International Soccer League
The International Soccer League was a U.S. based soccer league which was formed in 1960 and collapsed in 1965. The league, affiliated with the American Soccer League, featured guest teams primarily from Europe and some from Asia, South America, Canada and Mexico.
In 1960, William Cox, a wealthy U.S. businessman and former owner of the Philadelphia Phillies, a U.S. baseball team, saw a potential market in the United States for top level soccer. Recognizing that U.S. teams did not play at a sufficiently high level to attract the attention of most fans, he began to consider the possibility of importing European and South American teams during their league off-seasons. Traditionally, tours by European clubs in the northeast United States had drawn well and Cox decided to pursue this approach. However, soccer in the U.S. is run by the U.S. Soccer Football Association (USSFA). As a member of the soccer's international governing organization, FIFA, the USSFA had the sole power in the U.S. to authorize the creation of a new league. If a league was created without USSFA authority, it would declare it an "outlaw league". Any person playing in an "outlaw league" would then be banned from playing in any other league or team affiliated with the FIFA. As nearly every league and team in the world was affiliated with FIFA, this would effectively ban a player from playing the game anywhere. To get USSFA approval, Cox worked through the existing American Soccer League, a USSFA recognized league. This went so far that in 1961, the ASL scheduled only one game during the ISL season in order to keep from drawing fan support from the league. Each year, ISL played two halves to its season. The two halves had different sets of teams with the top team from each half playing each other in a season ending championship game. In order to give the U.S. fans a greater stake in the league, Cox also decided to enter one team of U.S. based players into the league. This team, called variably New York, the New Yorkers and the New York Americans, was rarely composed of U.S. players, but was more often a mix of U.S.-based European professionals with some native all stars. Cox also gained regional television coverage, and the associated revenue stream. While the games were initially played in the New York City metropolitan area, as interest in the ISL increased, he expanded the league to Chicago, Detroit, Boston and Los Angeles. The ISL lasted only through the end of the 1965 season before folding, not so much by its continuing financial losses, which were minor compared to most other U.S. soccer leagues (Cox had lost $100,000 on the league over five seasons), but by the hostility of the USSFA. USSFA had grown suspicious of Cox as his league experienced growing success and with it the possibility of USSFA losing control of soccer in the U.S. Faced with Cox’ refusal to allow USSFA a part in the league management, in 1965 USSFA forbid Cox from importing teams into the U.S. and threatened to declare the ISL an "outlaw league". Cox was forced to fold the ISL, but sued USSFA in federal court for anti-trust violations, a suit he eventually won. While the league played its last season in 1965, the model was used again in 1967 when the United Soccer Association imported foreign teams to populate its league and again in 1969 when the North American Soccer League (NASL) used imported teams for the first half of its season. Cox also refused to allow the USSFA to have the final say. In 1967, he joined with several other investors to found the National Professional Soccer League, a non-USSFA sanctioned league which, in 1968, became the NASL.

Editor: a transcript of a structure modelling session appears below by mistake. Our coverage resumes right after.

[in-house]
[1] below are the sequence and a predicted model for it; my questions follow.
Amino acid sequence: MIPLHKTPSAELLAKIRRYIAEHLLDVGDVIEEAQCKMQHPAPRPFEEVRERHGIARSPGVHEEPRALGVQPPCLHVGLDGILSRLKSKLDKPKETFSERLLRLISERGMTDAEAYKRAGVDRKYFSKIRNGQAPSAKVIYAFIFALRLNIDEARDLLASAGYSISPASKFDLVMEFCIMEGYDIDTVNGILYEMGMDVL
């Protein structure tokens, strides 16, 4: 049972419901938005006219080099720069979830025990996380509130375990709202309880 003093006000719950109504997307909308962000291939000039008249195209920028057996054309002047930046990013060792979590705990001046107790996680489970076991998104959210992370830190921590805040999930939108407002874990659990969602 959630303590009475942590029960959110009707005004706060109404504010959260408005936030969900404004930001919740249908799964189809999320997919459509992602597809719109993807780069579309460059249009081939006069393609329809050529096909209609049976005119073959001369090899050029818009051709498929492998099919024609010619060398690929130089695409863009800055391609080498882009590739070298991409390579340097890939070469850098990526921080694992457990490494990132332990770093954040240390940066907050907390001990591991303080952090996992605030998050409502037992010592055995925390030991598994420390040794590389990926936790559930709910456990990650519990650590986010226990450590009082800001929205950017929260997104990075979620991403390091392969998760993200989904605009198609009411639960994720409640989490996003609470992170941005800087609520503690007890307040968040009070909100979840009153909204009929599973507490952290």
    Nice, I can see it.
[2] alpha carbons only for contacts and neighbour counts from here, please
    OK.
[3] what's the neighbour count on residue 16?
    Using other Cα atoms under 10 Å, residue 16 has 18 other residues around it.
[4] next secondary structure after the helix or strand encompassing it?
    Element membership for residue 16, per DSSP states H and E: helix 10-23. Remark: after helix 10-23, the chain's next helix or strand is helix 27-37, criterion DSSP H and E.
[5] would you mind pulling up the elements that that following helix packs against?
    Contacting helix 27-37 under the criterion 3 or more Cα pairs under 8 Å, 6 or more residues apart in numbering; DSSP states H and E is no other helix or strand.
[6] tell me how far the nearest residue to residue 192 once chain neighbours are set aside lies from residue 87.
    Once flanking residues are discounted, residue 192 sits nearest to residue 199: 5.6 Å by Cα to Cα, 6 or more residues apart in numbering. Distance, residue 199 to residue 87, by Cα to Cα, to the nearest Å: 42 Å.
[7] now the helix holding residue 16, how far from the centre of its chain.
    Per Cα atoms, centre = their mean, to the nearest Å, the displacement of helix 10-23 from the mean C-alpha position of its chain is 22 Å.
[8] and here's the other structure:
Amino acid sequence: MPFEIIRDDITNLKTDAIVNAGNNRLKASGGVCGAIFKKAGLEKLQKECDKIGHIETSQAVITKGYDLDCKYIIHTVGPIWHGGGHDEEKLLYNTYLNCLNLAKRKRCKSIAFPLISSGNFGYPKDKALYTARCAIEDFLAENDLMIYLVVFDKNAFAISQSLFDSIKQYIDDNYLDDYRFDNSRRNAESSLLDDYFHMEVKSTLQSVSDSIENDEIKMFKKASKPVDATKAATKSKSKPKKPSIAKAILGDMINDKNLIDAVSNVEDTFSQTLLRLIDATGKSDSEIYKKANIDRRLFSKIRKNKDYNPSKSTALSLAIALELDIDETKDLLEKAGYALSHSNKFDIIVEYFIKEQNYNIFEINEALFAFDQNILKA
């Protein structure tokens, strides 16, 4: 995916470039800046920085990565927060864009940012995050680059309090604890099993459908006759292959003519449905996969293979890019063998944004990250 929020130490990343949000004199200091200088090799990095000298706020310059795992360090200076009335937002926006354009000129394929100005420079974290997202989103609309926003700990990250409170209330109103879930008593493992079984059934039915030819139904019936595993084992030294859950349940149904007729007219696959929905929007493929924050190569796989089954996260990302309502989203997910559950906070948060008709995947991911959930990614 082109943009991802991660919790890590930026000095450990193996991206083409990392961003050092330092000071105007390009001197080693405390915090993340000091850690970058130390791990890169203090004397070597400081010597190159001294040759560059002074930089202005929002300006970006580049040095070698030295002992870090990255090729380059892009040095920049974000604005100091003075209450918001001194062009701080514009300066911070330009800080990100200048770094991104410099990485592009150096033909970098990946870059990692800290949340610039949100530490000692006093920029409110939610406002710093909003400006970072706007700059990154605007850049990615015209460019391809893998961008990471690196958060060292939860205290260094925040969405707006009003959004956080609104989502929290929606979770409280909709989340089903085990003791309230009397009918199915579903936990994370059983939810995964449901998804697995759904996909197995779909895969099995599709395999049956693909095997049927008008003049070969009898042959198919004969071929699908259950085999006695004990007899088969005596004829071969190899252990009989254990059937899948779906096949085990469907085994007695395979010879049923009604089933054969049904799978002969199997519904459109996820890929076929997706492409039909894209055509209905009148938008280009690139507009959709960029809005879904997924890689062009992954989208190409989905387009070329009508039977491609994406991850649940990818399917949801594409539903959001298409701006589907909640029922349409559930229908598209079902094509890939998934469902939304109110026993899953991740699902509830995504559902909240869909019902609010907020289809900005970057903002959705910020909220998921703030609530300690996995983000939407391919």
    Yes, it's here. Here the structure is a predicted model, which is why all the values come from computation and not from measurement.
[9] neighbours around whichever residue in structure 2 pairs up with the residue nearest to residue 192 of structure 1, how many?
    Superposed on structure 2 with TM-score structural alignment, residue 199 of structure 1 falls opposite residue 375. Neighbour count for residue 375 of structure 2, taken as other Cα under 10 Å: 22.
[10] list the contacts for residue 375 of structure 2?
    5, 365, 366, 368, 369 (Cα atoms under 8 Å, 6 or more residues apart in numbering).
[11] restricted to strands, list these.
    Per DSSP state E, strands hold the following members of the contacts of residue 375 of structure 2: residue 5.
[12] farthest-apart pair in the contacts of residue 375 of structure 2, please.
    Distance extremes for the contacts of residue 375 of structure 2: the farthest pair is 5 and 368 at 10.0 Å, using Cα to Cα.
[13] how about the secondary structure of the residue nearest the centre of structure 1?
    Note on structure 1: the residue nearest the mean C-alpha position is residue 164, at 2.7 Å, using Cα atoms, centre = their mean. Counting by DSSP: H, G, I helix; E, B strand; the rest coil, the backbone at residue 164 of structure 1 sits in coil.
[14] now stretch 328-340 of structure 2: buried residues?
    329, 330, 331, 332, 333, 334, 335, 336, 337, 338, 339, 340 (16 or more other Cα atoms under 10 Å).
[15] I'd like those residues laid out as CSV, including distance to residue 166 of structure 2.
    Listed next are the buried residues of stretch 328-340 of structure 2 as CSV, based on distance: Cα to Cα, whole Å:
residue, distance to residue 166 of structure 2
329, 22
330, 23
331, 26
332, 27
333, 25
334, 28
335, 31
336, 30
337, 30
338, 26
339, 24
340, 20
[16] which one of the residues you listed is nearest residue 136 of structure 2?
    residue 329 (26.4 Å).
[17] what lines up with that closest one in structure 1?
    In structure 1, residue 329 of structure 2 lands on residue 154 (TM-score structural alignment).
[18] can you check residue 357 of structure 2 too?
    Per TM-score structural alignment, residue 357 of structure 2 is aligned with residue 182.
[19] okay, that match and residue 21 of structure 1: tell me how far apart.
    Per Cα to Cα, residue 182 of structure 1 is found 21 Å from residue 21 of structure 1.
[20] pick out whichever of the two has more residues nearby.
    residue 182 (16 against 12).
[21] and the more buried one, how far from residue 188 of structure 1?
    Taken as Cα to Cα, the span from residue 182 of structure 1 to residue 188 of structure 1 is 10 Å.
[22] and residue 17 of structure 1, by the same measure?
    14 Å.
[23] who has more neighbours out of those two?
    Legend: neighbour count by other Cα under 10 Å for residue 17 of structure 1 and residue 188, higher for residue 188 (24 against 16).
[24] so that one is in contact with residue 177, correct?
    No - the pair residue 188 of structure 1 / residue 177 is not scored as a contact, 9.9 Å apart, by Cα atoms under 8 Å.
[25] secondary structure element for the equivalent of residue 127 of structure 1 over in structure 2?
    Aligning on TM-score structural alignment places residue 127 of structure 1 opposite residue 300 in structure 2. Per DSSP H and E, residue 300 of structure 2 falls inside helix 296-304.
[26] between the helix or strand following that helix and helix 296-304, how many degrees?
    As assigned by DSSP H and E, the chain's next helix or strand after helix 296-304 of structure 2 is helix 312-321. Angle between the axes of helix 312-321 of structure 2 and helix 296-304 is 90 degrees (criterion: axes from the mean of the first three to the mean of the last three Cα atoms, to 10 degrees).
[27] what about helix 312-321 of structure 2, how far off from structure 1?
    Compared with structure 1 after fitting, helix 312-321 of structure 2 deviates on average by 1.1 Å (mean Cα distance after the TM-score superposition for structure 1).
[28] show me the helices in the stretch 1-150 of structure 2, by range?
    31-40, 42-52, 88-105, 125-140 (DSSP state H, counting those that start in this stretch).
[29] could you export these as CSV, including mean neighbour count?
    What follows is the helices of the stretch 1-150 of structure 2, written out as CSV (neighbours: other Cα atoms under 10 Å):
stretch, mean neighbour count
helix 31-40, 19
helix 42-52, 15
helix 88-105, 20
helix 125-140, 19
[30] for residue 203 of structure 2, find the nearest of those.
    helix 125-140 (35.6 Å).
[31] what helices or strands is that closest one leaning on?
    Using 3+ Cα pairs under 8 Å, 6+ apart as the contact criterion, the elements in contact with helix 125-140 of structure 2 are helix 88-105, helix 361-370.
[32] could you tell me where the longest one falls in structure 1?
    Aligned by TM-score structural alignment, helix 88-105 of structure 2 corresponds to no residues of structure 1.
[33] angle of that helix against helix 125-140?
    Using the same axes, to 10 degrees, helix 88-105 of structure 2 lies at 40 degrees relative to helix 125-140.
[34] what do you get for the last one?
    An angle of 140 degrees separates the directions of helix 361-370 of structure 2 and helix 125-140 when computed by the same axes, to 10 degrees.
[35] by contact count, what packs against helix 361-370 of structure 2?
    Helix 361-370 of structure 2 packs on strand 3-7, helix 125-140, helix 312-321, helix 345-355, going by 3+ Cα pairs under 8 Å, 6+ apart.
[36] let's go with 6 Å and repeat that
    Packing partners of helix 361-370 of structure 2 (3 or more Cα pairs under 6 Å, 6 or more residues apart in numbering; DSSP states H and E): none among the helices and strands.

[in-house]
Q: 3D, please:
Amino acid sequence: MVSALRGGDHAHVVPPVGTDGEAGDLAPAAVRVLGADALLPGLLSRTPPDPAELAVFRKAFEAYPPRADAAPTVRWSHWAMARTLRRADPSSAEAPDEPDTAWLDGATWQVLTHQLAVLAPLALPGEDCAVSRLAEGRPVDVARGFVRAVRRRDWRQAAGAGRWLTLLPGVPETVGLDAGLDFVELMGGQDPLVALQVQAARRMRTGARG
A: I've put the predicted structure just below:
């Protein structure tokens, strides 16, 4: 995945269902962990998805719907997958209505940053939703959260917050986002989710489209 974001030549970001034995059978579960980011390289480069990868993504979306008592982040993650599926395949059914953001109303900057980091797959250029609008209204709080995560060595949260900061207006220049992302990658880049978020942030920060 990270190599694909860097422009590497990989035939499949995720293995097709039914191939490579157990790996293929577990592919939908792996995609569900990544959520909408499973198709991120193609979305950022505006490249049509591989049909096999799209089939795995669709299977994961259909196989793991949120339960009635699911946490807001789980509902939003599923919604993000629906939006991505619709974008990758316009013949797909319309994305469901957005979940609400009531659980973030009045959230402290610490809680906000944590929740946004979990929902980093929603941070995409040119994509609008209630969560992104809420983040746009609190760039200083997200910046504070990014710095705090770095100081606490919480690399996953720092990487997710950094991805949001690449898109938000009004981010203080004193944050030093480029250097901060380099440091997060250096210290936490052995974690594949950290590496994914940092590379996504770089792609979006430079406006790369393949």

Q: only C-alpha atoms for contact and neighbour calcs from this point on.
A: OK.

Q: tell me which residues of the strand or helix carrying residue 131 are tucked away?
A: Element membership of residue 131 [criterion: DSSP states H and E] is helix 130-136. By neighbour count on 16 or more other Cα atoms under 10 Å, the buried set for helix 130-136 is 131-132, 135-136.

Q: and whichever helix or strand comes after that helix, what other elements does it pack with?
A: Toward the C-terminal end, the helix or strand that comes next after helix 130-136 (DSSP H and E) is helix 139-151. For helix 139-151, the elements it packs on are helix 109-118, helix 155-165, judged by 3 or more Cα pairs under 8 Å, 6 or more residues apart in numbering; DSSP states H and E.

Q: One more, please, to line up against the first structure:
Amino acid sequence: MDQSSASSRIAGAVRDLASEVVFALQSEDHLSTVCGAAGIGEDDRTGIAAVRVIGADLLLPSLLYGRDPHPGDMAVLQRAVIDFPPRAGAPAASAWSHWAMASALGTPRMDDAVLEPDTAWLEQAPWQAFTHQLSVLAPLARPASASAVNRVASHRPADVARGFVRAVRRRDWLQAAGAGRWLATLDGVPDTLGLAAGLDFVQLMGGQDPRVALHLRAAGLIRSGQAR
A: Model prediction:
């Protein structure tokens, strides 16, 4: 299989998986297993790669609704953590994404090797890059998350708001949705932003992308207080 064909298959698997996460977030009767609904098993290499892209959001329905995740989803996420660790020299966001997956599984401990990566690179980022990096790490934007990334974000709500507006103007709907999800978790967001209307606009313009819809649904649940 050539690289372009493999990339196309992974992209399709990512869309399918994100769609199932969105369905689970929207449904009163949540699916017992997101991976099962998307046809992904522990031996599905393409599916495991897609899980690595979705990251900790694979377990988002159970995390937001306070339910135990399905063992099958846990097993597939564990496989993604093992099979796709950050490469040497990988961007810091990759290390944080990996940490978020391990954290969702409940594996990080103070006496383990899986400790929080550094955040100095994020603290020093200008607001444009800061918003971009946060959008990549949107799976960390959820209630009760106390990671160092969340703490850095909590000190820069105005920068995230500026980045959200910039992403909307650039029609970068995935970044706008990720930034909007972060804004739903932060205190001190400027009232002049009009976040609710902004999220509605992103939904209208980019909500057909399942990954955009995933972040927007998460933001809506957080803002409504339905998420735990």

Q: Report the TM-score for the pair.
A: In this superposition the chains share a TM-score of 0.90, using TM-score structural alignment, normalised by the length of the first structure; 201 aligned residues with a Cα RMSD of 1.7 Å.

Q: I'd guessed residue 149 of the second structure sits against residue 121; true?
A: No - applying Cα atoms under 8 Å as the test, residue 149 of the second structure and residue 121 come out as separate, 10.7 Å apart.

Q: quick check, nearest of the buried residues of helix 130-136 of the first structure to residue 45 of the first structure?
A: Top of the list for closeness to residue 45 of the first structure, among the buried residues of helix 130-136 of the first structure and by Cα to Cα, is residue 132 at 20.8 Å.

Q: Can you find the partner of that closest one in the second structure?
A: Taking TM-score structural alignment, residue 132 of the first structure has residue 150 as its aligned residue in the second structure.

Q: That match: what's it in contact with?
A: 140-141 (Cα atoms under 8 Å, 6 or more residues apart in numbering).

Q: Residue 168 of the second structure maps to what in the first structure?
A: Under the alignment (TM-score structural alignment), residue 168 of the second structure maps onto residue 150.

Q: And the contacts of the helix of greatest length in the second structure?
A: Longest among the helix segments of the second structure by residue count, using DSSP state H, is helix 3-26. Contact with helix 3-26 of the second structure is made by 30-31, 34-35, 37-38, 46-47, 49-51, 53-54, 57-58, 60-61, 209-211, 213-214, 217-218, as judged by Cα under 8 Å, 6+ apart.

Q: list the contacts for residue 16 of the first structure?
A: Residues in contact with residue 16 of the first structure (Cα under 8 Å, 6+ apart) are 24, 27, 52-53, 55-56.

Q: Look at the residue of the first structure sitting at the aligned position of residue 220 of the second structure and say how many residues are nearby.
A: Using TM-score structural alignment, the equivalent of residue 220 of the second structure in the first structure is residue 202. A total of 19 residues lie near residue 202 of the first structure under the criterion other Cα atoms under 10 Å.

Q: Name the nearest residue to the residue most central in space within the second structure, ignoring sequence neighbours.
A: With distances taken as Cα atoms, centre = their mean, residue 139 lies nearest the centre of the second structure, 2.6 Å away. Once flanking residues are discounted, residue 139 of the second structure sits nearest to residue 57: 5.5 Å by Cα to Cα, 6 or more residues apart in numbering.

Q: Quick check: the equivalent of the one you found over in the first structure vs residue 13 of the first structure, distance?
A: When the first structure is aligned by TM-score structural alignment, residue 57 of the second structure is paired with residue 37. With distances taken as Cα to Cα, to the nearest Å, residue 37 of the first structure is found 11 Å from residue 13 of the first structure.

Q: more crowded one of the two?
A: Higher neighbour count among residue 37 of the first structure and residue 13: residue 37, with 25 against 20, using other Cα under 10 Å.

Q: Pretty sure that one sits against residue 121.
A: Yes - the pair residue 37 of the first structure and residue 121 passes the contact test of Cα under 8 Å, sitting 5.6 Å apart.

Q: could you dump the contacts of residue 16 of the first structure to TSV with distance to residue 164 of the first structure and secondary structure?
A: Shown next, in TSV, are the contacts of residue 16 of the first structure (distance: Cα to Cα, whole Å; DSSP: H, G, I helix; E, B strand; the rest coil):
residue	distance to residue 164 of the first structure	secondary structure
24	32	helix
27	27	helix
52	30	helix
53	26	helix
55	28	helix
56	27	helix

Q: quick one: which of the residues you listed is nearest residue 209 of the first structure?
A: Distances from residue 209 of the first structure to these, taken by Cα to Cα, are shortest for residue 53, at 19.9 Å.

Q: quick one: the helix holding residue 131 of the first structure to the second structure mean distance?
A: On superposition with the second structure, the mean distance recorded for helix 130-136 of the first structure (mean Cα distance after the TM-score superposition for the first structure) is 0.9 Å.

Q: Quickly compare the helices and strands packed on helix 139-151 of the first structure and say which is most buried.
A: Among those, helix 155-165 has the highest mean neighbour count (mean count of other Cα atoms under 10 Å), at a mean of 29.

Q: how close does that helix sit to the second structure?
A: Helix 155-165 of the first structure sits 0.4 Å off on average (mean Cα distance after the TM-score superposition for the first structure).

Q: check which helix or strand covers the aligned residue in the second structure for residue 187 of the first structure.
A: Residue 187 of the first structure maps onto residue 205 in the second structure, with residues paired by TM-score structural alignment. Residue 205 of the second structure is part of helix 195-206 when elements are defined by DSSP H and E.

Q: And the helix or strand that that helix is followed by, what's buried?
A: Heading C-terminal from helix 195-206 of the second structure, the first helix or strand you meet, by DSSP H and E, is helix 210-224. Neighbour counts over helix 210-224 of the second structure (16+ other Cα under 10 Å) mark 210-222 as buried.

American Challenge Cup
In 1962, the ISL initiated an annual challenge cup. It would pair the winner of the previous year's Challenge Cup winner with the current season's league champion. Dukla Prague had won the 1961 title, defeating Everton F.C. 7-2 and 2-0 in the championship. Therefore, they were paired in the first Challenge Cup with the 1962 season winner, América RJ. Dukla won and returned for the next three challenge cups, winning each, except for the last in which they fell to Polonia Bytom.
- 1960 Bangu Atlético Clube
- 1961 Dukla Prague
- 1962 America FC (RJ)
- 1963 West Ham United
- 1964 Zagłębie Sosnowiec
- 1965 Polonia Bytom
American Challenge Cup
- 1960 Bangu Atlético Clube (Brazil)¹
- 1961 Dukla Prague (Czechoslovakia)¹
- 1962 Dukla Prague (Czechoslovakia)
- 1963 Dukla Prague (Czechoslovakia)
- 1964 Dukla Prague (Czechoslovakia)
- 1965 Polonia Bytom (Poland)
Beginning in 1961, the league champion was awarded the Dwight D. Eisenhower trophy, but from 1962 to 1965 it was given to the league MVP. However in 1960 and 1961 the best players in the tournament were Ademir da Guia (Bangu) and Válter Santos (Bangu) respectively.
- 1960 Ademir da Guia (Bangu)
- 1961 Válter Santos (Bangu)
- 1962 Carl Bogelein (Reutlingen)
- 1963 Bobby Moore (West Ham United)
- 1964 Gerhard Zebrowski (Werder Bremen)
- 1965 Uwe Schwart (New Yorkers)